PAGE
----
• On November 13, 2018, Human Rights Watch Los Angeles hosted their annual dinner at the Beverly Hilton. Close to 700 people celebrated human rights achievements of the past year and gave the Promise Award to Law & Order: Special Victims Unit and Mariska Hargitay for highlighting issues around violence against women and children, and advancing the national conversation around these topics in myriad positive ways. Academy-Award winner Allison Janney kindly joined as a special guest. The audience also enjoyed a performance by the City Angels Chorale. 

    The evening raised $1.7 million to support the important work of Human Rights Watch; we are grateful to all our supporters for their invaluable support.

    Pictures of the evening can be found on this online gallery.

  • On Wednesday, September 26, join Human Rights Watch for the Los Angeles Premiere of Naila and the Uprising at the Aero Theatre in Santa Monica. The movie chronicles the remarkable real-life journey of Naila Ayesh, a key figure in the First Intifada, which forced the world to recognize the Palestinian right to self-determination for the first time. Using evocative animation, intimate interviews, and exclusive archival footage, this film tells the story the mainstream media missed: of a courageous clandestine women’s movement at the head of Palestinians’ struggle for freedom, bringing out of anonymity the courageous women activists whose contributions and sacrifices changed history, but whose stories have remained untold until now.

  • On Tuesday, May 1st, Human Rights Watch hosted a Film Club screening of ANITA: SPEAKING TRUTH TO POWER at the United Talent Agency screening room in Beverly Hills. The movie was followed by a panel discussion with Academy Award winner Freida Lee Mock, Fanshen Cox DiGiovanni, and HRW's Deputy Director of the Women's Rights Division Janet Walsh, moderated by The Wrap's Sharon Waxman. Pictures from the evening are available here.

  • On Sunday, January 28th, our Film Club hosted a special screening of THE BLOOD IS AT THE DOORSTEP, a powerful documentary looking at the killing of Dontre Hamilton by a police officer in Milwaukee, and the unrest and reactions that came after. The movie was followed by a conversation with director Erik Ljung, Dontre's brother Nate Hamilton, and US Program senior researcher John Raphling.

  • On November 14, 2017, the Los Angeles Committee hosted its most successful Voices for Justice Annual Dinner so far, with a record-breaking $1.8 million raised to support the vital work of Human Rights Watch. Attendees heard reports from the field by our researchers working on the Rohingya crisis, the dire consequences of Duterte's death squads in the Philippines, juvenile justice reform in California and immigration in the US. In addition, the LA Committee honored Chris Cornell and his song for THE PROMISE movie, with our inaugural The Promise Award. OneRepublic's Ryan Tedder and Drew Brown performed the song in an emotional sequence. Finally Grace Parra reminded everyone that #ImmigrantsAreUS.

    Pictures of the evening are available at the following link.

  • Human Rights Watch is excited to co-present a Special Screening of TICKLING GIANTS on Thursday, October 12th at 7:30pm at the Aero Theatre in Santa Monica. A discussion with Director Sara Taksler and Comedian Bassen Youssef will follow the movie. Tickets are available here.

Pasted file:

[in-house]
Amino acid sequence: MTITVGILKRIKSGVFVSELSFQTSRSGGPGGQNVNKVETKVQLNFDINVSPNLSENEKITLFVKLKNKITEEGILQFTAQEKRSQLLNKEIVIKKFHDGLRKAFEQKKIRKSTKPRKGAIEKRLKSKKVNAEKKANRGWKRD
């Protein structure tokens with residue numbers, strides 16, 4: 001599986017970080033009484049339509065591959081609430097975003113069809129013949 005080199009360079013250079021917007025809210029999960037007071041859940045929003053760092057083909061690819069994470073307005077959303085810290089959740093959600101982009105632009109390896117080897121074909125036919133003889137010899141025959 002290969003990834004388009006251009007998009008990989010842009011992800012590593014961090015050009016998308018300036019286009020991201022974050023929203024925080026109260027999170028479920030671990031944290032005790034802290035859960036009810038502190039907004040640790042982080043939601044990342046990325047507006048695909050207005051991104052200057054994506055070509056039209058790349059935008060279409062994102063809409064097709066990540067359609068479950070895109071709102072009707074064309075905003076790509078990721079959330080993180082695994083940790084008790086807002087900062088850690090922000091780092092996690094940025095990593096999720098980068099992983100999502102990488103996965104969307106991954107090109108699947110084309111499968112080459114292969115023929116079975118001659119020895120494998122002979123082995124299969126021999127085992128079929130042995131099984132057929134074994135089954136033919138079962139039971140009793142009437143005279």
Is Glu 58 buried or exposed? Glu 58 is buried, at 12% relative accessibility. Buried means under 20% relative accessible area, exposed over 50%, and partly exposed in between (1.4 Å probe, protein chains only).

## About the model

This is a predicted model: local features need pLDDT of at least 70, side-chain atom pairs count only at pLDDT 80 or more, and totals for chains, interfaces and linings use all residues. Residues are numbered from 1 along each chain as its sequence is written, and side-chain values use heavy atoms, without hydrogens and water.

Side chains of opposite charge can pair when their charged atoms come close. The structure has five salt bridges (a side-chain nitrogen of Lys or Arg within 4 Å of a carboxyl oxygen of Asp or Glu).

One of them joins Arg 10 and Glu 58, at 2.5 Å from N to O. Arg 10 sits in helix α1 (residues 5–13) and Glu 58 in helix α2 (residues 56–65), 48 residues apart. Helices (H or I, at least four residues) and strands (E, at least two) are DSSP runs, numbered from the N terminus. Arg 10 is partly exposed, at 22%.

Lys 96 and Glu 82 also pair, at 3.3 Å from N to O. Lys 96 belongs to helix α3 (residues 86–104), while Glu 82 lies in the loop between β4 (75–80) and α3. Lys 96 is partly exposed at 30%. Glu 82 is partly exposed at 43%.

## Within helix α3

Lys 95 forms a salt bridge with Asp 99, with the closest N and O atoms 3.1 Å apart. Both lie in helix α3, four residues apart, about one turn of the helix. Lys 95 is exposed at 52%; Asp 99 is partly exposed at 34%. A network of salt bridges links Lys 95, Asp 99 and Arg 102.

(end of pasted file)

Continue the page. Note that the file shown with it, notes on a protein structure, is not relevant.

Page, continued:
Dubbed, “The Egyptian Jon Stewart,” Bassem Youssef hosts the most popular television programme in the Middle East. In the midst of the Egyptian Arab Spring, Youssef left his job as a heart surgeon to become a full-time comedian, and his show ‘Al-Bernameg’ (The Show) now brings in 30 million viewers per episode. In a country where freedom of speech is becoming increasingly restricted with each regime change, Youssef and his courageous staff of young writers develop creative methods to non-violently challenge abuses of power. Enduring physical threats, protests, and legal action, the team test how far they can take the joke. 

  • Join us for our fall Film Club Screening of JOSHUA, followed by a conversation with the movie's Director, Joe Piscatella, and Producer, Andrew Duncan, along with Minky Worden, Human Rights Watch's Director of Global Initiatives, moderated by Pam Bruns, Executive Director of the Student Task Force. Doors open at 4pm at New Roads School in Santa Monica.

    Rallying thousands of students to skip school and occupy the streets of Hong Kong, teenager Joshua Wong becomes one of the autonomous territory’s most notorious dissidents, successfully disrupting government plans to devolve power back to China. This inspiring documentary spends years tracking the movement from grassroots disruption to national politics. Following tear gas attacks, multiple arrests and an exhausting 79-day campaign to shut down Hong Kong’s financial district, Joshua moves on to the next phase of the movement—facing down the superpower from inside the government itself.

    Tickets are available here.

  • On June 2, 2017, Human Rights Watch Los Angeles and the International Criminal Court Alliance hosted a Conversation on Women's Rights in Iran with Dr. Shirin Ebadi, Nobel Peace Prize Laureate, and Sarah Leah Whitson, Executive Director of HRW's Middle East and North Africa Division, moderated by Asli Bali, Professor of Law at the UCLA School of Law and Director of the UCLA Center for Near Eastern Studies. The panelists discussed the recent presidential election in Iran, the role of women in the Iranian political scene, as well as Human Rights Watch's recent report of women in the workplace in Iran.

    A recording of the conversation is available on the HRW SoCal Facebook Page and an attendee's written recap can be read here. Pictures can be seen here.